The notion of crossover cinema encapsulates films that have the potential to become successful in international markets due to broader themes that international audiences can relate to (Gupta P, 2013). As Khorana, S (2013) elaborates, this form of cinema manifests a “hybrid cinematic grammar” and wide- ranging audience appeal because such films are not conventionally grounded in a single national or cultural genetic source, making them a success. A prime example, Bend it Like Beckham is an English-language, yet Indian-based filmmaker movie. Bend it like Beckham and notorious Slumdog Millionaire are examples of films that “occupy an intermediate space between popular Indian cinema and various cinemas of Europe, Latin America, China, Japan and Hollywood” (Gupta P 2013)
In saying that, crossover cinema has the potential to augment knowledge on cultural issues, themes and beliefs, to international audiences. However, the result and reaction to such issues and themes are quite often negative because western audiences lack the capacity to understand how certain situations are handled in other cultures. For example, the film Closed Doors (1999) portrays a young Arabian man, influenced by radical Islamic practices, stabbing his mother because she’s having an affair. Western audiences, without ample understanding of this culture and religion, ‘take it visually’ and find it quite absurd (ResearchChannel 2008).
Consequentially, we see limitations in how much international audiences can actually learn about different cultures through crossover films because we may only be shown one side of the coin. With little exposure to a holistic view of a culture, mass audiences are likely to assume the worst when viewing radical scenes such as terrorism.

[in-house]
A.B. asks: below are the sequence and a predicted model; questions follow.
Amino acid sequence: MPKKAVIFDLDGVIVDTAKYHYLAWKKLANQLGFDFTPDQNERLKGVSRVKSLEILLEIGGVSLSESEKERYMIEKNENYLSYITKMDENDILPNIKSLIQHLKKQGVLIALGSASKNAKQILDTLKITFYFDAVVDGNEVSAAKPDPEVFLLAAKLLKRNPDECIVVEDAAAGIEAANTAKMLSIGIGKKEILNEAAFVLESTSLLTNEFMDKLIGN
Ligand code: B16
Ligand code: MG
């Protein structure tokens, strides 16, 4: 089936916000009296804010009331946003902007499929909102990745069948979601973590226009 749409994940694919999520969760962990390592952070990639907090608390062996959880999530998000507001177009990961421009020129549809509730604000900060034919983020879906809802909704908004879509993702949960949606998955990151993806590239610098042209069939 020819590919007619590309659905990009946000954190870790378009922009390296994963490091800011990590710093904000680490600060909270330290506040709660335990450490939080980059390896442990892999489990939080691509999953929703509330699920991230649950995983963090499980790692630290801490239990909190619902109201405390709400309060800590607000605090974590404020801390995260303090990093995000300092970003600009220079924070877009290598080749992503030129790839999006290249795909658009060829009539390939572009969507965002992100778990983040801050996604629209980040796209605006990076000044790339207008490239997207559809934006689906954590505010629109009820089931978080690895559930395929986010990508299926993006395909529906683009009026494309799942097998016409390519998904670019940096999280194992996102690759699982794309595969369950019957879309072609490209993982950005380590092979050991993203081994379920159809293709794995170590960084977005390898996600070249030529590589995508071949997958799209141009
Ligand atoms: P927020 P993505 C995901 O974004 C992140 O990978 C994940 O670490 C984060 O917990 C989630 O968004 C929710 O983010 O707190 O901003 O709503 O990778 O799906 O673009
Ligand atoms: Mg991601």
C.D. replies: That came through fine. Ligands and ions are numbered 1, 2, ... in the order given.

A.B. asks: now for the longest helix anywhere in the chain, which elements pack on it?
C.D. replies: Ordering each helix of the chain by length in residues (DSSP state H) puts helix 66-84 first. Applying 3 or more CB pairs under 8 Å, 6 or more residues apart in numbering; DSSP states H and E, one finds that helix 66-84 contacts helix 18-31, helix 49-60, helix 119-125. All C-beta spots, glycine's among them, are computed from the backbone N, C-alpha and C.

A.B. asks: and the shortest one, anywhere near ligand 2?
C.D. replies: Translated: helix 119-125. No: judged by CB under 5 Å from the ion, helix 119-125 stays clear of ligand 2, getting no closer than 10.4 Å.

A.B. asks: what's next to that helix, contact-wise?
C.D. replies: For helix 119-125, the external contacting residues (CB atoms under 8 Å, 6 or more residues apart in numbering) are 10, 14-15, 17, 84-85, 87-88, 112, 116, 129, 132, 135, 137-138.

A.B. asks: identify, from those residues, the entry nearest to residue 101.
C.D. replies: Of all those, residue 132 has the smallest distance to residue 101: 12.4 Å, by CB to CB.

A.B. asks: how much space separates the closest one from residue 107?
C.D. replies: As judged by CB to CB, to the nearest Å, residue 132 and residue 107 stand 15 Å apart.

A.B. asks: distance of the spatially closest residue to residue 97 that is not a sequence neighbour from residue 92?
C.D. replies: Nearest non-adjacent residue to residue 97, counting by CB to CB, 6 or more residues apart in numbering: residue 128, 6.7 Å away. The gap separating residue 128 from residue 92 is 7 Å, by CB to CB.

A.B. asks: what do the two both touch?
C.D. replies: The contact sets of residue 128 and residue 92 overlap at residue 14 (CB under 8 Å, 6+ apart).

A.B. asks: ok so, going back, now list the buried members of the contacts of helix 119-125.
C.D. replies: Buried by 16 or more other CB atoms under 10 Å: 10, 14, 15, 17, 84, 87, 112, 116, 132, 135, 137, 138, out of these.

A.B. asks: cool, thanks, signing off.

“There’s thousands of hours worth of news around the globe, but they only show you 20 minutes…and what 20 minutes are they going to show you?” (ResearchChannel 2008)
We all have underlying prejudices that influence our perceptions, causing us to interpret these crossover cinema films differently to what someone else might. A Man in Our House (1961), about an Egyptian political activist resisting the British rule in Egypt exemplifies this. “The hero, in their (Western audience) eyes, was a terrorist, but in Egyptian eyes was a freedom fighter who was fighting for Egypt’s independence from colonialism.” (Researchchannel 2008). Thus, it is important for audiences to consider the political and cultural context in which crossover cinema movies are portrayed in order to minimize stereotypes and prejudice.
Gupta, P 2013, Crossover Films: Bridging the Divid, Friday Brands, viewed 6 March 2014, < http://www.fridaybrands.com/crossover-films-bridging-the-divide/>
ResearchChannel, 2008, Projecting Culture: Perceptions of Arab & American Films, online video, 26th February, Youtube, viewed 6 September 2014 <https://www.youtube.com/watch?v=Fmd4cUY7g-s>
Sukhami, K, 2013, Crossover Cinema: Cross-cultural Film From Production to Reception, Academia.edu, viewed 6 March 2014, <http://www.academia.edu/3449865/Crossover_Cinema_Cross-cultural_Film_from_Production_to_Reception>